We’d come down that long, shimmering road that made its way across miles and miles of minefields. Like a velvet blacktop flirtation with safety that allowed us to travel into a heartland that was otherwise a shattered, bone-pocked, uniform and spent- shell expanse of stone and sand. Just don’t go off the road.
The mosque at kilometre 98 was untouched, a sort of moving thought, really – that driving hard, killing everything that moved in their path, the soldiers had skirted around the mark of God as if leaving his temple whole would perhaps absolve their murderous advance.
Nomadic peoples had wandered here for millennia, trading goods up and down the desert trails from the interior to the coast, wandering across borders they never knew were borders, raising their families and getting on with life under the sun.
The recent wars had put an end to a traditional way of life, borders now being un-crossable, and the sands previously traversed scattered with landmines and worse. It was unclear to me how they really survived. They still traded – at roadside micro-general stores that offered anything from kerosene to packets of biscuits.
The little encampment where we had stopped lay not far from the road, the colours of the women’s clothing shouts of anarchic joy against the flat, dun sand, not yet converted to black, and the young mother’s face not yet veiled, but open and beautiful.
The children cute and sweet like any children anywhere, the men in their loose half-mast trousers talking to the alpha male of our company, who was not the chief of the group, by the way, and Beatriz and I squatting beside a young mother, who was washing clothes with her daughter in a converted oil barrel.
The heat that afternoon was like something solid, making progress through the world around you somewhat of an effort. Sitting down on the sand was a relief, like a unexpected special offer from the day. As a Ferengi, we came with sunglasses, shaded baseball caps, factor 5 million sunscreen, and is it any wonder our nomadic hosts looked at us askance, with clear amusement, the big white eejits there, in sunglasses and hats, dabbing at their eyes every now and then, which were streaming with tears from the mixture of sweat and sunscreen.
I had often thought to don a simple head scarf, like the local women, of cool cotton that would drape over my head and allow the scalp to breathe. I had one, but I was laughed out of it, “going native” not being a compliment in our circles. But I eschewed the dreaded baseball cap. As much as possible, no baseball caps, please. A cream linen hat with a medium brim. Eccentric, perhaps, but functional, un-American and being civilian, after all, I didn’t have to wear a uniform.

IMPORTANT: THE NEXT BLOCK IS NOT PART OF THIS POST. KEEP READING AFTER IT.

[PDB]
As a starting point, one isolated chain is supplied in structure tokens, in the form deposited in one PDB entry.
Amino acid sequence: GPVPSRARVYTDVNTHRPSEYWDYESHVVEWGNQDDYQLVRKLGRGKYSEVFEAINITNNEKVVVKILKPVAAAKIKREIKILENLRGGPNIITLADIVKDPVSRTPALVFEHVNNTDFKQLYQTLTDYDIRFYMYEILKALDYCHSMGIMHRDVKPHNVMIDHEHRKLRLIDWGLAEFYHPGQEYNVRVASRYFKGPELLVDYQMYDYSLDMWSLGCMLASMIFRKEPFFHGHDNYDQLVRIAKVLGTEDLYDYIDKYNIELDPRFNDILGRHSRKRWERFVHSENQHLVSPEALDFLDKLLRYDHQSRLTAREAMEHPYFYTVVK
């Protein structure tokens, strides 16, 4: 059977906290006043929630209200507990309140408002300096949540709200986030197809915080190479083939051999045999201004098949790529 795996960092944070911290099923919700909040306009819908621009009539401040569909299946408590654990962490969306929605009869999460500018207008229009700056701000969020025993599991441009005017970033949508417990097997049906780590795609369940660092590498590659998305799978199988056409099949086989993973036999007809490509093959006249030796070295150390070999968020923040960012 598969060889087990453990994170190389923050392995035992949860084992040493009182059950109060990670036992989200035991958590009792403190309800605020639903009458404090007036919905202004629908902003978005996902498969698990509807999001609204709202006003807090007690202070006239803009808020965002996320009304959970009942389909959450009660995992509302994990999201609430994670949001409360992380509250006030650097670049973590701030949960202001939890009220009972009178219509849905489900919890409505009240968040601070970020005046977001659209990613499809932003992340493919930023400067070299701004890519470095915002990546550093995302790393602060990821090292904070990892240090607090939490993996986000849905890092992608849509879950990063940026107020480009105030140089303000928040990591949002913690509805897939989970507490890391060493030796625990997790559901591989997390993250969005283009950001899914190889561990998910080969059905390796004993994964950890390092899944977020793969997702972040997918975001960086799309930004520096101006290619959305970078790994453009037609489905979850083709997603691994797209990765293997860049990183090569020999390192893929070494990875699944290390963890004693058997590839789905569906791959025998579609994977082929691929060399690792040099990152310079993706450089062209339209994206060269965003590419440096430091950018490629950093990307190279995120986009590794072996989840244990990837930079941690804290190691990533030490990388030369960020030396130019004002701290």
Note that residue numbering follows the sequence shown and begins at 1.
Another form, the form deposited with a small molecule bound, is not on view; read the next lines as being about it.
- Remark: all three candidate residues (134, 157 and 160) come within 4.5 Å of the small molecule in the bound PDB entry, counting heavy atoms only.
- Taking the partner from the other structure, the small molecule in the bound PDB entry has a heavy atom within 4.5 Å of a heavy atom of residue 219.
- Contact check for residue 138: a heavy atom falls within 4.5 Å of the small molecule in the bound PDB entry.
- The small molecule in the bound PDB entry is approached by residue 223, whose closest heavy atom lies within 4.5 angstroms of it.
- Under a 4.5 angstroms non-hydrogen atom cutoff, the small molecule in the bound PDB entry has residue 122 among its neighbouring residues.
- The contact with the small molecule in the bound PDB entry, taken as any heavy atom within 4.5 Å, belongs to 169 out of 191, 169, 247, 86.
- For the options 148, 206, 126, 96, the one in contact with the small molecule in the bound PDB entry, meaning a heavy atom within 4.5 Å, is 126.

We laughed as the toddler squealed in delight at the apparitions that had alighted from the big white vehicle, now silhouetted against the sun behind us. As were the outlines of two men, quirky opposites in shadow-puppet forms against the sky: slight, slim nomad with turbaned crown, tall, chest-heavy international with silly baseball cap.
The young woman had a face that you could only love – yes, a word that happens, spontaneously sometimes. She bore no apparent ill to anything in the universe, was besotted with her baby and laughed loudly at her antics, invited us into her world without a thought.
Her smile was something you would want to save into a genii bottle, to open, lonely dark evenings when there was nothing on the box at home, to remind you of another world, of which reality TV simply has no concept.
Behind her, mother or grandmother had a face that was darker, no smile, and why would there be. Her daughter had become an adult in some kind of peace, but she was of the generation who had seen the full force of war.
We were too hot and very thirsty, and the water in the vehicle tasted of plastic and chemicals. In the time-honoured tradition of Islamic hospitality, the older woman made the motion of shaking her hand in front of her mouth and nodding.
We shook our heads, politely. No, no, thank you, don’t trouble yourself. Grandmother ignored that of course, and addressed an order to an enthusiastic little boy at her side. We expected the usual ritualistic sugary tea, or strong coffee served in one tiny cup, to be passed from mouth to mouth. But grandmother sensed, maybe, that these over-heated Ferengi would prefer something more familiar. When the little boy returned, he was carrying three bottles of Coca Cola. Yes, read it and weep.
We wanted to pay. The faces darkened. We said thank you instead, and gave a pencil, a branded organization pen and an eraser to the little boy instead, who was in turn, chuffed.
Call me sentimental – but really, it was the best Coca-Cola in the world. Right there, on that day, with the splitting stones around us and the speech of smiles, eyebrows and the motions of head and hands breaching the borders of language, to make it a most memorable afternoon tea …